I grew up in homes with alcoholism. I was born during a time that the ripple effect of my grandfather's passing was impacting my family. My grandfather died in the early 1970's in an accident and my grandmother became an alcoholic. I was born in 1983, so my Mum and her siblings had endured at least 10 years of my grandmother's alcoholism. I really want to express early in this story that despite all the hurt and suffering I endured, I love my family dearly and they have all since changed their lives.
Growing up, I never felt like my life was of any different to anyone else's. I thought all the kids in my area had families who drank a lot. I felt it was a normal way to live. I saw no problem in coming home from school to a party, or having the skill to pour a perfect jug of beer from a keg at the age of 5. I would gladly entertain our guests with songs while my grandmother sang alongside me – I remember reflecting on these memories fondly when I was a kid. Despite the drinking, I always felt loved.
It wasn't until we moved out of my family home (the drinking brought family violence with it) and moved to a rural area with my Mum's new husband that I started to realise the way I was living was not normal. On one rare occasion that I was allowed to go to a friend's house to celebrate her birthday, I was stunned that her mother doted over us, sat with us as we played, and engaged with me - all while sober!! I didn't know this way of life existed.
Drinking continued at home. Most mornings I would get my 2 younger siblings ready for school with their lunch and on the bus while my Mum slept with a hangover. Or I would return home from school locked out of our home until 7-8pm at night, often I’d fall asleep on the steps of our house because Mum was at a party somewhere. It was just how life was, and I never really grumbled about it. I felt powerless. If I spoke up or out of turn I would get hidings. I was 7. The alcoholism brought physical abuse into our home too.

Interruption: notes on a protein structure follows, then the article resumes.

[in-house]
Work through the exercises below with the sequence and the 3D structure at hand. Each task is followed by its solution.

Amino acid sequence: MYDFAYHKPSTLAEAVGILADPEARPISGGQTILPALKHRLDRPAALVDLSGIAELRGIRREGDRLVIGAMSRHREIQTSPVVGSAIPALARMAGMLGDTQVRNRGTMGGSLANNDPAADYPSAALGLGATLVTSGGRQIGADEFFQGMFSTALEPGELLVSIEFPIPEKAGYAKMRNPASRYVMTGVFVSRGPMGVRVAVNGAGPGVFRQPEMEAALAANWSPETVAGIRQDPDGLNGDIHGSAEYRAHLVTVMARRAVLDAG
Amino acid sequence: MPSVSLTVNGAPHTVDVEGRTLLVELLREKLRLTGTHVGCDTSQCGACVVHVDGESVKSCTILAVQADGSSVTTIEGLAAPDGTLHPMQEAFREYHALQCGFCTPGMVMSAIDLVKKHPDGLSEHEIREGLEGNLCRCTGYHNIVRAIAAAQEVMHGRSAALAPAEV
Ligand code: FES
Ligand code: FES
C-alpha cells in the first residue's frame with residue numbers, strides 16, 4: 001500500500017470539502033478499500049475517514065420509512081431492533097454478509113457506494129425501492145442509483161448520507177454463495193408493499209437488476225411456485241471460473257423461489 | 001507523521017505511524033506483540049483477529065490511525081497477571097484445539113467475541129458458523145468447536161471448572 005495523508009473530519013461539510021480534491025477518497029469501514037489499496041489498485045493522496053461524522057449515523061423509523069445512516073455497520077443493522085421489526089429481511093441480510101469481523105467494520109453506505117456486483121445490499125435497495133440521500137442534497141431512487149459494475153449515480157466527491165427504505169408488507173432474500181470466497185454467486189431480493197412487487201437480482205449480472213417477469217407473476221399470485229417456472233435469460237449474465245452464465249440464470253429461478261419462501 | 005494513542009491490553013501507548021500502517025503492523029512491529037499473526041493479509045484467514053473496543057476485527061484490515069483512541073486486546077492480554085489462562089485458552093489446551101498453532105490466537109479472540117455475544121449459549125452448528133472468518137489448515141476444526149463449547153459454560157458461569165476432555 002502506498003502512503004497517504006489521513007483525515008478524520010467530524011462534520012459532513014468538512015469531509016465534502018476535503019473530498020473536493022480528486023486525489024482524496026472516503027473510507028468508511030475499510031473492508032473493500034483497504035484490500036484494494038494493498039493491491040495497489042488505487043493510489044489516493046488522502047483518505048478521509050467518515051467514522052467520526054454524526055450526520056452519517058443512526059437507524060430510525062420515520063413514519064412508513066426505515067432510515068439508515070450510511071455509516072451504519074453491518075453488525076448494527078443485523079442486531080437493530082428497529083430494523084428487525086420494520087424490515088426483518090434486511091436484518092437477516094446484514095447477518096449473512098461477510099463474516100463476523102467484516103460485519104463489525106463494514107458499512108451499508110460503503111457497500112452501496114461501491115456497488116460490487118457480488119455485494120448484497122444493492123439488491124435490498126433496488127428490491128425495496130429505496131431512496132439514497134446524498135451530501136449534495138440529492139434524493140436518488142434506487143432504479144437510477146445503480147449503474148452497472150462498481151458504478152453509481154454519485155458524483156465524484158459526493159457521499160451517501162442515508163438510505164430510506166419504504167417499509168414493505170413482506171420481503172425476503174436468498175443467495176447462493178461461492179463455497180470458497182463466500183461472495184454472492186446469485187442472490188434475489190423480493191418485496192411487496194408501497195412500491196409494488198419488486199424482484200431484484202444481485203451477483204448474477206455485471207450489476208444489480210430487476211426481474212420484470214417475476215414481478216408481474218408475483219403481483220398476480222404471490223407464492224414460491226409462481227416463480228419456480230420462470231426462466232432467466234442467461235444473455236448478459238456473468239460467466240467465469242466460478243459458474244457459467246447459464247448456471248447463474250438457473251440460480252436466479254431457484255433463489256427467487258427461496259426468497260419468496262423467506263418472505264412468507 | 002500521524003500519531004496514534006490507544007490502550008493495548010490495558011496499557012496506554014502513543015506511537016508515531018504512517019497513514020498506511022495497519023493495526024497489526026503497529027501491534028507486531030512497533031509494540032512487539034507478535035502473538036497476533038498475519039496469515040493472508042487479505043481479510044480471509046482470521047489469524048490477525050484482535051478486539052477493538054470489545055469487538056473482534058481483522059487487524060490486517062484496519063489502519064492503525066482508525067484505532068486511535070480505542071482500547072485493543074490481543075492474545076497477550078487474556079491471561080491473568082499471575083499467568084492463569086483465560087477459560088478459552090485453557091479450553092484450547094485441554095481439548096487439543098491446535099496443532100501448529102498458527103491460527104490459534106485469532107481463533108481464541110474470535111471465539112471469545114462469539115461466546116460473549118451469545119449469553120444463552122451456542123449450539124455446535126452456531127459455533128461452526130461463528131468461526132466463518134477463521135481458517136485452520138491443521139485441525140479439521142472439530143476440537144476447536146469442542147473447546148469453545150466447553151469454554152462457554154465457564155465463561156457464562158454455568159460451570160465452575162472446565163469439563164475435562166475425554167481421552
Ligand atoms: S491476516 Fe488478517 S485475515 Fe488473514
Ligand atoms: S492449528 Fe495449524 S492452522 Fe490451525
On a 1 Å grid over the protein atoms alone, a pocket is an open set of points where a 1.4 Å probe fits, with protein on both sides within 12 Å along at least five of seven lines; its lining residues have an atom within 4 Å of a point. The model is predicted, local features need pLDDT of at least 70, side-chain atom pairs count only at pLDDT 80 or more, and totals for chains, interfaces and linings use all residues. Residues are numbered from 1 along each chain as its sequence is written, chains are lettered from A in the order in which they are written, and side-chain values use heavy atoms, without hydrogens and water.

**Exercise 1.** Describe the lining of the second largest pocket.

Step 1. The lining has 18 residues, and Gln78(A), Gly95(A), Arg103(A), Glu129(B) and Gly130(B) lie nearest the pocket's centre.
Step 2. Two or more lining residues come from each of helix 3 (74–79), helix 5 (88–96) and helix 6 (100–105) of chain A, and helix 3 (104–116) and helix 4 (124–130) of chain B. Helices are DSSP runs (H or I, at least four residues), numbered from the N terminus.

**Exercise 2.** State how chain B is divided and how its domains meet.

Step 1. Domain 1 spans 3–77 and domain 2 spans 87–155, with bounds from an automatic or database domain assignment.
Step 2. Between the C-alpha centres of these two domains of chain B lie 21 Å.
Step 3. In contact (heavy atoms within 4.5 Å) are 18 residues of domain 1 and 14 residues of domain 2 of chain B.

I remember going to school covered in bruises and getting called into the sick bay where my principal and a nurse were. I was so scared that I was going to get my Mum into trouble and that she would give me the biggest hiding of my life. I lied and lied about my injuries, in fear that the school would ring my Mum. I was about 10 at this stage.
Looking back now, in general I was a happy kid. I thrived at school and saw school as an escape. I was sociable and adaptable, but I was also very aware from a really young age about body language and the tone of people's voices. I was always on edge and ready to fight or flee. Obviously these were some minor survival skills I had learnt quite young in life. Even now as an adult I struggle to trust people.
It wasn't until my mid to late teens that I started displaying the effects of my upbringing. I started using drugs, started feeling victimised and fell into depression really early in life. I had no one to talk to, and my problems really felt insignificant compared to others I knew. I had no tools to deal with whatever emotions I had, so I turned to writing. I continued to suffer from depression right through early adulthood.
As an adult, it hurts re-reading the pain I carried when I was so young. As a parent, it hurts to know that my Mum exposed me to this kind of life when I was so young and vulnerable.
I carried on with drugs and then alcohol well into my late teens and early 20's. I was in a bad relationship, again I felt I had no options and so I turned to alcohol and drugs to escape my reality. I was also in a relationship with an alcoholic. I saw myself living my Mum's life and after 3-4 years of this behaviour, I had had enough. I'm in a better place now with a loving husband and two beautiful children. We do not allow drinking around our children at all.
From our family, all my mother's siblings had addictions and they are now 42+ and have all (but 1) given up their addictions. With my siblings, 3 out of 4 of us had violent relationships with one of my brothers murdered at the hands of his alcohol induced girlfriend. We have all since curbed our addictions and live fairly humdrum lives. We have successfully stopped the cycle. Not because we were given tools or guidance to get there, but because we wanted so much more for our kids than what we had.
I have since had counselling and mended bridges with my Mum. It's still one day at a time and anything can trigger a painful memory leaving me crying for hours remembering the absolute hurt I suffered at the hands of my Mum and her husband. But they have made active, positive changes to their lives, so it makes it so much easier for me to forgive them.